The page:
Hero photograph
Photo by PNBHS

Gateway Trades Visit to New Zealand Army


Recently a selection of Gateway Mechanical, Electrical and Engineering students had the opportunity to visit the Linton Army base. The aim of this visit was to introduce the students to the variety of trades available within the New Zealand Army.

At each workshop/section that the students visited they received a presentation from a current serving soldier, be this a fully qualified tradeperson or an apprentice. Each of these presentations provided the students with a balanced picture of what it was like working as a tradeperson/apprentice within the New Zealand Army. Further, and particularly appealing to the students was every presentation came with a hands-on demonstration of that trade. These presentations/demonstrations varied from looking at/examining personal weapons such as Glock pistols, to watching and examining the bridge laying capabilities of the Army Engineers. The latter involved the Engineers quite literally placing from the back of a specialised bridging vehicle a 12m bridging span with a 50 tonne load capacity.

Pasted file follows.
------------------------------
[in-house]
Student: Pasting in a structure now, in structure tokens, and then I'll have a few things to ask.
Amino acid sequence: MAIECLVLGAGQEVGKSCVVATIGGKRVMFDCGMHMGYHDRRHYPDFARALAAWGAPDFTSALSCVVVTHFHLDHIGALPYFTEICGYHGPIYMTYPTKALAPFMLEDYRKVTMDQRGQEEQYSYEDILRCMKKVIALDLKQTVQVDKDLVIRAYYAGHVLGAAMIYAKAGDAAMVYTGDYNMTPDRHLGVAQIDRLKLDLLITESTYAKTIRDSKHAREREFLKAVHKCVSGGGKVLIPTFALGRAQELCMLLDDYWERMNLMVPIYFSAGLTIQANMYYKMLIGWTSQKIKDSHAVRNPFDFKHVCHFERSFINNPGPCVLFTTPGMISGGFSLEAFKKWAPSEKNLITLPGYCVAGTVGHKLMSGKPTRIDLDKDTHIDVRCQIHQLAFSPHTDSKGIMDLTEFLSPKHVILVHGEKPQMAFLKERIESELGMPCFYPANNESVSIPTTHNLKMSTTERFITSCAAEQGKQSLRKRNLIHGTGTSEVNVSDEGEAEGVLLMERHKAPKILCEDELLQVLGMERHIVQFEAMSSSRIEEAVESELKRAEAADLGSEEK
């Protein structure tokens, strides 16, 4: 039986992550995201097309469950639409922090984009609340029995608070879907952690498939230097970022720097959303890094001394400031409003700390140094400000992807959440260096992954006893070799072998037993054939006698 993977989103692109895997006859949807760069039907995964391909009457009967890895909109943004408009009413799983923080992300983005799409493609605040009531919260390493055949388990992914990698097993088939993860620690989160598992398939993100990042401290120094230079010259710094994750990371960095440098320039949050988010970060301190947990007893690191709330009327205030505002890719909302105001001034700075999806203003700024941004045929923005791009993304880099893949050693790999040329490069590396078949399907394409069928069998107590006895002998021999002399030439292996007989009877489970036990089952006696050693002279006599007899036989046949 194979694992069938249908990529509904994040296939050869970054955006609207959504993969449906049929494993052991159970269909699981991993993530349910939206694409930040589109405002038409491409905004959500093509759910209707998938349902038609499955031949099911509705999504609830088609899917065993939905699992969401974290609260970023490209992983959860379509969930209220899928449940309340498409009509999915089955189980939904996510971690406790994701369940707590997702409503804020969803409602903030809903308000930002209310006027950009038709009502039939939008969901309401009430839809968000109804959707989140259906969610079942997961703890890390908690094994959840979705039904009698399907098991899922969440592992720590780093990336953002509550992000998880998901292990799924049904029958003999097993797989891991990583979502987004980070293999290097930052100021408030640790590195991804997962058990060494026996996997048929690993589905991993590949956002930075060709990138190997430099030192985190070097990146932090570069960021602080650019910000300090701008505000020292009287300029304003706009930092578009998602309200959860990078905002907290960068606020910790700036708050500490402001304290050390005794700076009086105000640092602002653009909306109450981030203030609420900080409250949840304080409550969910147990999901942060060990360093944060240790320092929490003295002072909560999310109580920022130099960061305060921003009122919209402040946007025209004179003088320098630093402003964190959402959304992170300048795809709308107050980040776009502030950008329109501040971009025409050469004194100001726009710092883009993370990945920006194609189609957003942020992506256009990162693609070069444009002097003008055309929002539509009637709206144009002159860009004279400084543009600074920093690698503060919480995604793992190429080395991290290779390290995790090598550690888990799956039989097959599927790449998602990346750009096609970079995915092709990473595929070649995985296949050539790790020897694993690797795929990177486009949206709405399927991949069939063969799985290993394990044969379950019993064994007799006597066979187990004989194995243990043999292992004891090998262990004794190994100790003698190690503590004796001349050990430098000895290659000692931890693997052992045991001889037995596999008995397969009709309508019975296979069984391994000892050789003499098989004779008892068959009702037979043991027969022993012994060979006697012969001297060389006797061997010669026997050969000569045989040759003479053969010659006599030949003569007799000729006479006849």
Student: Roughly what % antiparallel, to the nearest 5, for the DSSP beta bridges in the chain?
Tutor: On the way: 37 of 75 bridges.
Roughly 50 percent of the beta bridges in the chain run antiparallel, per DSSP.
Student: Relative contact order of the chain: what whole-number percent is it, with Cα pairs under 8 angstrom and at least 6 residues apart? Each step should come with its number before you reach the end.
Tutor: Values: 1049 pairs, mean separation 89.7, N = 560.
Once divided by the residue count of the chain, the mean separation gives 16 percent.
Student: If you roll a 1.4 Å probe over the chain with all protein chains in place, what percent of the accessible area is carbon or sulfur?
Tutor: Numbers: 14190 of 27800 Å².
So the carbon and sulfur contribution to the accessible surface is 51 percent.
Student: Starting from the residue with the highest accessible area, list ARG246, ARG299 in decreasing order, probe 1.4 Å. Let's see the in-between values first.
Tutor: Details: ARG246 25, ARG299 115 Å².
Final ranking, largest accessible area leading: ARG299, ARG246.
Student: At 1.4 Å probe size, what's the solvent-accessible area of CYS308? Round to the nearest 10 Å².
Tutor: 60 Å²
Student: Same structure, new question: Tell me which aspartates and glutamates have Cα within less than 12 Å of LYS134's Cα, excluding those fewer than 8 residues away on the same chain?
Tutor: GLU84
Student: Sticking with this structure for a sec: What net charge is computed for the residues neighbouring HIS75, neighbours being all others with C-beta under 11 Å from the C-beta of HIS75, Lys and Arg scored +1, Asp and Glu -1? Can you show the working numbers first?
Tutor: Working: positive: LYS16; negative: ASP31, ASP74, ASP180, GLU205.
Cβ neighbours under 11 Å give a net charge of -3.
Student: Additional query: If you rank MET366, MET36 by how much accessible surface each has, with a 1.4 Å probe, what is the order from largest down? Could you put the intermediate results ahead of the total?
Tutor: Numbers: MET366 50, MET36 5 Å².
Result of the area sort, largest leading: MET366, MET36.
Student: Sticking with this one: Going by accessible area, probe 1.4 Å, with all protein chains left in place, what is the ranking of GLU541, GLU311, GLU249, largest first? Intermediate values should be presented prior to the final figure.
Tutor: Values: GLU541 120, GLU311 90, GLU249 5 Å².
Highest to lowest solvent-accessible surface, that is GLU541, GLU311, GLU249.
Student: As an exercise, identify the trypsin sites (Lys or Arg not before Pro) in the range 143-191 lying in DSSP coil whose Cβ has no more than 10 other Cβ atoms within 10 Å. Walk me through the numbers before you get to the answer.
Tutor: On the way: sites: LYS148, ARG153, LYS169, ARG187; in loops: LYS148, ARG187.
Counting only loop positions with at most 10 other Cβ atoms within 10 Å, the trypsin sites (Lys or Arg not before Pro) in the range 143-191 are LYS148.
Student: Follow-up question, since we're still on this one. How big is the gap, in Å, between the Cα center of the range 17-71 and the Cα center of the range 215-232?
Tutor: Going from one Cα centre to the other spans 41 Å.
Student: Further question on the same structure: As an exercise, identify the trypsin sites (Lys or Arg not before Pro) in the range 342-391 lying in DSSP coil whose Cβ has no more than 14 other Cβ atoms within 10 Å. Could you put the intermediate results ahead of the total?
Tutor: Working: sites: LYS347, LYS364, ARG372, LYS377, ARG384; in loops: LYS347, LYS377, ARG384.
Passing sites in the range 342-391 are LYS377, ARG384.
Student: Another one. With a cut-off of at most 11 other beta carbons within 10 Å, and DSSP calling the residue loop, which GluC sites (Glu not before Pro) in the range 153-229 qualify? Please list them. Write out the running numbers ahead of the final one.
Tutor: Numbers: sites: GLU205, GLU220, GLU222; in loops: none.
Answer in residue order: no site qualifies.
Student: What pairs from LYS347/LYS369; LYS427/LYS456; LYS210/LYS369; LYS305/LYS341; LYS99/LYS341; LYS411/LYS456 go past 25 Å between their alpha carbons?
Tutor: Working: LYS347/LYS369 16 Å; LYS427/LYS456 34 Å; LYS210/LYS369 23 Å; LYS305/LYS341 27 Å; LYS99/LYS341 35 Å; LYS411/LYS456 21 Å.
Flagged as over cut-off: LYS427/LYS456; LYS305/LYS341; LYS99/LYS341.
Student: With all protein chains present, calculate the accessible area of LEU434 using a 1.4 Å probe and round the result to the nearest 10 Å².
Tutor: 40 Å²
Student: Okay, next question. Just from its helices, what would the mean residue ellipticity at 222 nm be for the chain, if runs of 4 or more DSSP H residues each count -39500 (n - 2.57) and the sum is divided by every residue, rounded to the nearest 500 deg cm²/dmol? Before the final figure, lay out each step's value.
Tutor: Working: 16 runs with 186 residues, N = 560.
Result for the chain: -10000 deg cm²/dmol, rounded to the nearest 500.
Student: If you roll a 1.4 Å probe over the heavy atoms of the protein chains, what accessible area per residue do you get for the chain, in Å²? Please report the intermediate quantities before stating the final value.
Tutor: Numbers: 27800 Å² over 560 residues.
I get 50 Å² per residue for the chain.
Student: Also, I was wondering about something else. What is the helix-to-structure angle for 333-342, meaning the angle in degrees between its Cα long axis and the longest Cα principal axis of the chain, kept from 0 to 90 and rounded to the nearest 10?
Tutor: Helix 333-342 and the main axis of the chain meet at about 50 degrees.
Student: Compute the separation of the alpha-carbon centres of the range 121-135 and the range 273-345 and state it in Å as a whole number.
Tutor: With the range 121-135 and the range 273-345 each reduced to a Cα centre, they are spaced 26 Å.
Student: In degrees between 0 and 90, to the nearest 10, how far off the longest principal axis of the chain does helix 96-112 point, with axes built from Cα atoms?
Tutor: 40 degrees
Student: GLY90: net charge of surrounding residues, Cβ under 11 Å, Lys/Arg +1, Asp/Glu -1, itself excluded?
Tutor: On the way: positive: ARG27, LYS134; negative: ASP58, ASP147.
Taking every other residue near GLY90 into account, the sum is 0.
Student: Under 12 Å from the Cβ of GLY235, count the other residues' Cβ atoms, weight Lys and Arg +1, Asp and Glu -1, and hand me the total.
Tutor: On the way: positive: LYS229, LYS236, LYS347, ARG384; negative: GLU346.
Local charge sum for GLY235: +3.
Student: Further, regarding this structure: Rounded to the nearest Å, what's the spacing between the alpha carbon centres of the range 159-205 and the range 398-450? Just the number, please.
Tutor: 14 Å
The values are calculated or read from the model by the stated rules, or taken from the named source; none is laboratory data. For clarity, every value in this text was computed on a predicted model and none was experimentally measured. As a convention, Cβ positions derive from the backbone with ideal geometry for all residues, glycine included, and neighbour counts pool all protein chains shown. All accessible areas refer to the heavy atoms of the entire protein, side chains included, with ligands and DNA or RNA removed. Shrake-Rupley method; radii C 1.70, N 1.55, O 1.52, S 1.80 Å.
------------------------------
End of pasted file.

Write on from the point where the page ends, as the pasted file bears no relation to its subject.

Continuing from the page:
The students were also privileged to spend time looking at trades that supported the Combat Arms element of the New Zealand Army, namely those associated with the Artillery and Mounted Rifles. Whilst at the Artillery workshop students were able to examine up close the 105mm light field gun and the different components that make up this weapon.

A favourite with several students was the Support Squadron of the Queen Alexandra’s Mounted Rifles. Students were able to get up close and personal with the Light Armoured Vehicle (LAV), again from a tradesperson's point of view. Having complete CAT power packs (engines), turret sections with and without the main guns, and the guns themselves literally by the sides of these vehicles in various states of maintenance and repair, allowed the students to really see the part played by the tradeperson.

A big thank you must go out to Alex Jansen (Apprentice Co-ordinator for the New Zealand Army) who organised the visit, and all the Army personnel who gave up their time to present and demonstrate the various pieces of military hardware currently in use with the New Zealand Army.